Beginner’s Guide To The Chromatopelma Cyaneopubescens Tarantula

Photo Credit: Michael Pankratz via Flickr

Common name: Greenbottle Blue Scientific name: Chromatopelma Cyaneopubescens Appearance: Chromatopelma Cyaneopubescens tarantulas are one of the most colorful tarantulas. The metallic blue legs and the orange abdomen makes it hard to miss. Origin: Northern Venezuela, Paraguana Type: New World, Semi-Arboreal (Tree & Land dwelling) Size: Maximum 4 – 4.5 inches. This is a medium-growing species. Life span: Males: (3 –  4 years) Females: (12 – 13) years […]

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Beginner’s Guide To The Theraphosa Stirmi Tarantula


Common name: Burgundy Goliath Birdeater Scientific name: Theraphosa stirmi Appearance: Burgundy Goliath Birdeater Tarantulas are large, heavy-bodied and are rich burgundy-brown after a molt. They also have distinctive reddish hairs on legs and abdomen post-molt. Origin: Guyana, Venezuela, Northern Brazil, French Guiana, Suriname Type: Old World, Terrestrial Size: Adults can grow to reach 10 to 12 inches. This is a medium to fast-growing species. Life span: […]

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Beginner’s Guide To The Panama Blonde Tarantula


Common name: Panama Blonde Scientific name: Psalmopoeus pulcher Appearance: Panama Blonde Tarantulas are a beautiful blonde color with a black patch on the abdomen. Origin: Panama Type: New World, arboreal Size: Legspan can get up to 6 inches. This is a fast-growing species. Life span: Females can live up to 15 years, males 3-4 years. Attitude: Panama Blondes are best for a more experienced tarantula owner. This […]

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Beginner’s Guide To The Brazilian Black Tarantula


Common name: Brazilian Black Tarantula Scientific name: Grammostola pulchra Appearance: Brazilian Blacks get their name from their rich, black velvety hair. Origin: Brazil and Uruguay   Type: New World, terrestrial, burrowing Size: Legspan can get up to 8 inches. This species grows slowly. Life span: Males: 5-6 years, Females: 20+ years Attitude: The Brazilian Black tarantula is active and docile. A great beginner tarantula. Defensive […]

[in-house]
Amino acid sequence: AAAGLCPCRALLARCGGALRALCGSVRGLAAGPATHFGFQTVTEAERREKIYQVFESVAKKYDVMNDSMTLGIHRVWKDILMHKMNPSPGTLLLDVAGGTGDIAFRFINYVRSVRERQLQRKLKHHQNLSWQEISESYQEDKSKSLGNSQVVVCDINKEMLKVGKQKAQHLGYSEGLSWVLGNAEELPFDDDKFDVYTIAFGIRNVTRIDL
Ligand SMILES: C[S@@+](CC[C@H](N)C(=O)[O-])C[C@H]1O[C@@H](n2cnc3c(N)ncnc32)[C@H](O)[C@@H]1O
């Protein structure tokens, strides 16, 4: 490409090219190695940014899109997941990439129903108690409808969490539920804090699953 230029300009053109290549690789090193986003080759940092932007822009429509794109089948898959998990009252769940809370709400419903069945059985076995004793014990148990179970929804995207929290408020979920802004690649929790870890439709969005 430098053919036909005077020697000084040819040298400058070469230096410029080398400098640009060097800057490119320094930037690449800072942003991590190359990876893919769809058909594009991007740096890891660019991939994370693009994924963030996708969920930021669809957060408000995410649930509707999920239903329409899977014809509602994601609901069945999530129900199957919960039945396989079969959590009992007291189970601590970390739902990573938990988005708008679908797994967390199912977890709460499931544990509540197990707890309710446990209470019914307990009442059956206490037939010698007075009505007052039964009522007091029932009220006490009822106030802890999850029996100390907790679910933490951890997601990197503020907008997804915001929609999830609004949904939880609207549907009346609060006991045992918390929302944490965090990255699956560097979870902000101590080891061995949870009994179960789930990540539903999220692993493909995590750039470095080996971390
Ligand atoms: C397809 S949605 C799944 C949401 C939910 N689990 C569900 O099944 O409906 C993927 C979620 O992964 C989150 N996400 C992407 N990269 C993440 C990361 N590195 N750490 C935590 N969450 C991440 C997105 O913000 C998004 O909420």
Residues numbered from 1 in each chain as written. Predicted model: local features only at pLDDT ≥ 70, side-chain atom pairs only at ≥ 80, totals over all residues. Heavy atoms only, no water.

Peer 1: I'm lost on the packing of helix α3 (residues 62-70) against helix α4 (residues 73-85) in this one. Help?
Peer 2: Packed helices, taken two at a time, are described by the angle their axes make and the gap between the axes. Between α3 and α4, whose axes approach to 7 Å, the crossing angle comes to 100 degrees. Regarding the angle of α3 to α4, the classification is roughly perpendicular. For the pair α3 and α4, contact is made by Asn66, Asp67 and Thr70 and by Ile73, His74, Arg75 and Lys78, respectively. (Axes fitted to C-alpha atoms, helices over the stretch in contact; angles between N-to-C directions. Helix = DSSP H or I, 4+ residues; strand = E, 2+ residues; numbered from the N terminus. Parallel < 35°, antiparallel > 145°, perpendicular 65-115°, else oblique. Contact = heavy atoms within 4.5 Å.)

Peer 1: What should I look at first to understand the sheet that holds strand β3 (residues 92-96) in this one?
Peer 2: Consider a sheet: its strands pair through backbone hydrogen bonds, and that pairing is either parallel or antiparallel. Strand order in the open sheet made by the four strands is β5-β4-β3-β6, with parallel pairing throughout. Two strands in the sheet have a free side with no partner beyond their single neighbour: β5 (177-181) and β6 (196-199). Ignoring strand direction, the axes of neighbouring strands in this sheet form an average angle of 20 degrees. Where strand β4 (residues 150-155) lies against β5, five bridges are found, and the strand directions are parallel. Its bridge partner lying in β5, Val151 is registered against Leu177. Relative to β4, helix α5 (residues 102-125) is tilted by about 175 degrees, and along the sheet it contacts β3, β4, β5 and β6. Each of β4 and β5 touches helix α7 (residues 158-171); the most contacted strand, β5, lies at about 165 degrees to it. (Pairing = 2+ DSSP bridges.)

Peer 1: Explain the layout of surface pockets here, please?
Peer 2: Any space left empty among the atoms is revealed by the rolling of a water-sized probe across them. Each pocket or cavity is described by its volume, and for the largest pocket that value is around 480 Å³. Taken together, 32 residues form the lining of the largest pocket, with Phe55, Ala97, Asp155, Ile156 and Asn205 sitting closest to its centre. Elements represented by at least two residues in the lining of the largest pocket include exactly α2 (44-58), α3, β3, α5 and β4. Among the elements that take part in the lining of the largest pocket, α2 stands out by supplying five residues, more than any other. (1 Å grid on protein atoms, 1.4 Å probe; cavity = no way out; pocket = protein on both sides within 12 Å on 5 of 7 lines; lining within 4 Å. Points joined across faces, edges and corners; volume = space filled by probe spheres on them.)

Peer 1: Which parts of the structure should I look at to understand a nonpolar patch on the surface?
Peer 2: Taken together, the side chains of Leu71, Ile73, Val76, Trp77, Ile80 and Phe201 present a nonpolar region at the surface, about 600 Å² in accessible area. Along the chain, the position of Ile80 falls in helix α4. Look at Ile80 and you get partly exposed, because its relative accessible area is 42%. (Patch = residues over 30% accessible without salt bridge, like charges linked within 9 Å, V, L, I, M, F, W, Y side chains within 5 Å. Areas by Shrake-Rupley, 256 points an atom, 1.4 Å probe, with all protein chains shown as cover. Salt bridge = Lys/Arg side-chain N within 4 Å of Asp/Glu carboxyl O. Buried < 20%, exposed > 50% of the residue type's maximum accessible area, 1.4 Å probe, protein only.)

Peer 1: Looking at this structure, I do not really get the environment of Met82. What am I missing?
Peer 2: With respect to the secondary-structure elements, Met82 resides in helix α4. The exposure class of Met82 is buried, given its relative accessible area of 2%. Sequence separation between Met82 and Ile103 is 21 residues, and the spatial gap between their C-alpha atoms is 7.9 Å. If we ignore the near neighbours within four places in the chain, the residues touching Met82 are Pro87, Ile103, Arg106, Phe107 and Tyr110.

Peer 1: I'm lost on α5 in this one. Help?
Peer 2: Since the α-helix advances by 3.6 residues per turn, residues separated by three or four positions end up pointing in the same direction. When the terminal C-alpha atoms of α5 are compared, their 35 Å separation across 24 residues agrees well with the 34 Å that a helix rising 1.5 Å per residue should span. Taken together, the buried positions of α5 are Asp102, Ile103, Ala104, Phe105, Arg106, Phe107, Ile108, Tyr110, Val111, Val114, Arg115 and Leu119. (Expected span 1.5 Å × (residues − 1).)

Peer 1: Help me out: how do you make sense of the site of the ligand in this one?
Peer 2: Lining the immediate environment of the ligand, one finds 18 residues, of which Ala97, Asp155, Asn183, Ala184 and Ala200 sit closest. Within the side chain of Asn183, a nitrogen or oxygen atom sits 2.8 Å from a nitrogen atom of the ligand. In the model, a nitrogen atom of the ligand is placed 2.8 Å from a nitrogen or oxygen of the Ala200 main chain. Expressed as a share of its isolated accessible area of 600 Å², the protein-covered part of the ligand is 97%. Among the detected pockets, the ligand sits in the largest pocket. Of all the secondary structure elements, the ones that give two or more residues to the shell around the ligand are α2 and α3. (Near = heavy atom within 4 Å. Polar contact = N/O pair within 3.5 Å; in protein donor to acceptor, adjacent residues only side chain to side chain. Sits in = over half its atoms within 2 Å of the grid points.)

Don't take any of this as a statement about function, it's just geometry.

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Greater Horned Baboon [Ceratogyrus brachycephalus]


Common name: Greater Horned Baboon / Rhino Horned Baboon Scientific name: Ceratogyrus brachycephalus Appearance: A Greater Horned Baboon is a pale color with dark markings and a small “horn” on its carapace. Origin: Botswana, Zimbabwe and South Africa Type: Old World, Terrestrial, Burrowing Size: Can grow up to a legspan of 5 inches. This species grows quickly. Life span: 8-10 years Attitude: Defensive and fast, […]

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Bolivian Black Velvet [Acanthoscurria insubtilis]


Common name: Bolivian Black Velvet Scientific name: Acanthoscurria insubtilis Appearance: A Bolivian Black Velvet is chocolate brown with a cream border around the carapace and faint striping on the legs. Origin: Bolivia Type: New world, Terrestrial Size: Adults are 6-7 inches Life span: 15 for females, 5+ for males Attitude: Not aggressive, docile. Defensive behavior: The Bolivian Black Velvet tarantula isn’t likely to become defensive. Bite danger: If […]

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Brazilian Giant White Knee [Acanthoscurria geniculata]


Common name: Brazilian Giant White Knee Scientific name: Acanthoscurria geniculata Appearance: The Brazilian Giant White Knee, unlike many of the larger terrestrial tarantulas, is very colorful in its appearance due to the brilliant white stripes that adorn its leg joints. Origin: Forests of northern Brazil Type: New world, Terrestrial Size: Adults are 7 – 8 inches Life span: Females – up to 12 years, […]

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Mexican Redrump [Brachypelma vagans]

red rump

Common name: Mexican Redrump Scientific name: Brachypelma vagans Appearance: The Mexican Redrump has jet black hairs on its legs and abdomen. The abdomen is liberally sprinkled with fine red hairs. The carapace is edged with cream and has thin radiating lines of cream coloring. Origin: Belize, El Salvador and Guatemala Type: New world, Terrestrial, burrowing Size: adults are 4 – 5 inches Life span: Females […]

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Tips For Rehousing Your Tarantula


*These tips are provided thanks to Awesome Arachnids Tumblr blog. Remain calm when rehousing your T’s. Rehousing is very very stressful on the animal, and even though I was pretty calm, my spider was not. Being frightened can make bad things happen, always stay calm and assertive.   Always read your animal’s body language and make sure you do not startle […]

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